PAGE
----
Where a single developer controls a project (as in most gated communities) they often have their own “captive” sales staff. Their staff’s single focus is typically within the confines of the development, consisting of:


Lot sales directly from the developer.

New construction directly from the developer.

New construction by builders designated by the developer.

Resale of previously owned homes within the development.


Captive sales offices are not always members of the Association of Realtors®. (All licensed sales agents must fulfill continuing education requirements, but Realtors® have an additional obligation to complete ethics training.) If not, their listings cannot be posted to the MLS. Especially in gated communities, buyers and sellers are restricted in their opportunities. Homeowner Association constraints on signage further limit flexibility.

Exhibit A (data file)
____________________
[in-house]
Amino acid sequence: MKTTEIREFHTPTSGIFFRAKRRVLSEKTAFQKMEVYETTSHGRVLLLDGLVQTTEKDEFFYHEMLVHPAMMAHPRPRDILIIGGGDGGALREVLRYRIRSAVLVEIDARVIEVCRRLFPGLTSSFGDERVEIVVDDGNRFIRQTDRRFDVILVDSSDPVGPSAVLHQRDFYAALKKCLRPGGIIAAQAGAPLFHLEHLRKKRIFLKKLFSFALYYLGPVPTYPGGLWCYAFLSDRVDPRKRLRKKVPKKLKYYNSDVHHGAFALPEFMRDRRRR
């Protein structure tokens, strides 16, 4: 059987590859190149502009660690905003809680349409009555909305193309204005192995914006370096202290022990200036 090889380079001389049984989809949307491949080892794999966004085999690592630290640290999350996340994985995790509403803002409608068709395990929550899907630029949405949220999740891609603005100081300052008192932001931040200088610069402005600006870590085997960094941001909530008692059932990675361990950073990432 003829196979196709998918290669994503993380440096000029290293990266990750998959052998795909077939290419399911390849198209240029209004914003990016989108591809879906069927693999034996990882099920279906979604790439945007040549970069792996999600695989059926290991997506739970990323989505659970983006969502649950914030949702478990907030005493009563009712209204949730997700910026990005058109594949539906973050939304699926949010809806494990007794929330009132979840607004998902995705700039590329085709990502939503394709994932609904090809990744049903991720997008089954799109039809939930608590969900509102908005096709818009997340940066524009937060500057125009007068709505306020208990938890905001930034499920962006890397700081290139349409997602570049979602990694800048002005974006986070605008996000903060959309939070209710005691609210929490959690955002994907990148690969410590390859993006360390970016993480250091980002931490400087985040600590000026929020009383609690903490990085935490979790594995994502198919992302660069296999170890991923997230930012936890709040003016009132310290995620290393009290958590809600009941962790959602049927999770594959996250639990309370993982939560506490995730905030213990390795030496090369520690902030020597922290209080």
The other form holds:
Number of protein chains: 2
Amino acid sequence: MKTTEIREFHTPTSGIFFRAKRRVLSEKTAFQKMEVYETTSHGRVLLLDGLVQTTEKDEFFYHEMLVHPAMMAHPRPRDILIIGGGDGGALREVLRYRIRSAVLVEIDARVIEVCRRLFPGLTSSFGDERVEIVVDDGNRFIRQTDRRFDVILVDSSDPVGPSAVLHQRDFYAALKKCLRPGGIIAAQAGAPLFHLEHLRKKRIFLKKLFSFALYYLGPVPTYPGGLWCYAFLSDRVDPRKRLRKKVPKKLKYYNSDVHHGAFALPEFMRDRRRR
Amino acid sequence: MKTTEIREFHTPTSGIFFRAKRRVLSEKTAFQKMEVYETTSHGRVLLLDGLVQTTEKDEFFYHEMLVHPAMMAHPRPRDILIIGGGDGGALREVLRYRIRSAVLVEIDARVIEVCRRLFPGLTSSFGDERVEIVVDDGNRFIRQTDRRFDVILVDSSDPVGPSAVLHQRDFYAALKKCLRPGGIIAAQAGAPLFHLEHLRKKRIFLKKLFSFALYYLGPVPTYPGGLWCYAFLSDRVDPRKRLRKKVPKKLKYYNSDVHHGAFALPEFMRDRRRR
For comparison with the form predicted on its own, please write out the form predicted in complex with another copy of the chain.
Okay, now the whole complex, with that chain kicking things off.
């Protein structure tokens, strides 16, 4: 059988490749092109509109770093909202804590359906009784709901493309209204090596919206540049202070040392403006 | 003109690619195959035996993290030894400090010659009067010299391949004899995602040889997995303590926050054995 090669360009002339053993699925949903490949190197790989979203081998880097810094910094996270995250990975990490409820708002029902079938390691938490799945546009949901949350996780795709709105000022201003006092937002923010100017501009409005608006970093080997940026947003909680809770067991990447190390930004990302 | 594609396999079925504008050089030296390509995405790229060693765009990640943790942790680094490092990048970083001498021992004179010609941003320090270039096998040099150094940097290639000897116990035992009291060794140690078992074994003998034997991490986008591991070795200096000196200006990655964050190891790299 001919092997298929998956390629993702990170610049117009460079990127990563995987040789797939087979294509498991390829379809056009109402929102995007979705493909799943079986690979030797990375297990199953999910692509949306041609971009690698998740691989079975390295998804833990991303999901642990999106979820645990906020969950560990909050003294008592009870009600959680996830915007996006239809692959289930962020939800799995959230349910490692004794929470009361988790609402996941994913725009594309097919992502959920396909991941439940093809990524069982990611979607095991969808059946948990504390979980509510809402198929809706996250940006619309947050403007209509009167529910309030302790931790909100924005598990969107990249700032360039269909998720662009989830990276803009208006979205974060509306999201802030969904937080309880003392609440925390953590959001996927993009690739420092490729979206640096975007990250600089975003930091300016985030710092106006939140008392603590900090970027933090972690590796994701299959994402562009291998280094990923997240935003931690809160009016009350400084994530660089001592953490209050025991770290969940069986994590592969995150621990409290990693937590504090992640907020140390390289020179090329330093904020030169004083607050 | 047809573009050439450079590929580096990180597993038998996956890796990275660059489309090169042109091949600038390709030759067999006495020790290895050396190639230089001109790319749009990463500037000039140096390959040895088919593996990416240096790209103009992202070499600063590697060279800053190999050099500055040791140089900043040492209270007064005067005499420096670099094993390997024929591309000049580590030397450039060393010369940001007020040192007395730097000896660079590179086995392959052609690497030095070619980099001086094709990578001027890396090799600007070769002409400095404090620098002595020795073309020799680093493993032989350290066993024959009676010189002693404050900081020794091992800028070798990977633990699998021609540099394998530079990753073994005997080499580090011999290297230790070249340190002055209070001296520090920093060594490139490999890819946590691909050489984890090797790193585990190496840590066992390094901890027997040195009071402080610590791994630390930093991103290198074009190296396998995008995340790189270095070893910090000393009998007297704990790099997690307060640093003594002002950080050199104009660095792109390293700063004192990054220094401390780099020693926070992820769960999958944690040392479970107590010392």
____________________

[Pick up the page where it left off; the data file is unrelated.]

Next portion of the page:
While a very few developers continue to restrict the activities of outside agents in their developments, most have developed working relationships. If a prospect is registered by the developer without assistance from an outside sales agent, outside agents are prohibited from participating in the commission. If an outside agent brings a prospective buyer, most developers will co-broke (split the commission) with the agent’s Broker. It’s very important to know this relationship. Often agents will spend a great deal of time and effort with a client, introduce them to a developer’s sales staff, only to find out that they had previously been registered. Even if a client simply requested information from the developers web site, via phone, or if they otherwise provided their name and contact information, they are considered “registered.”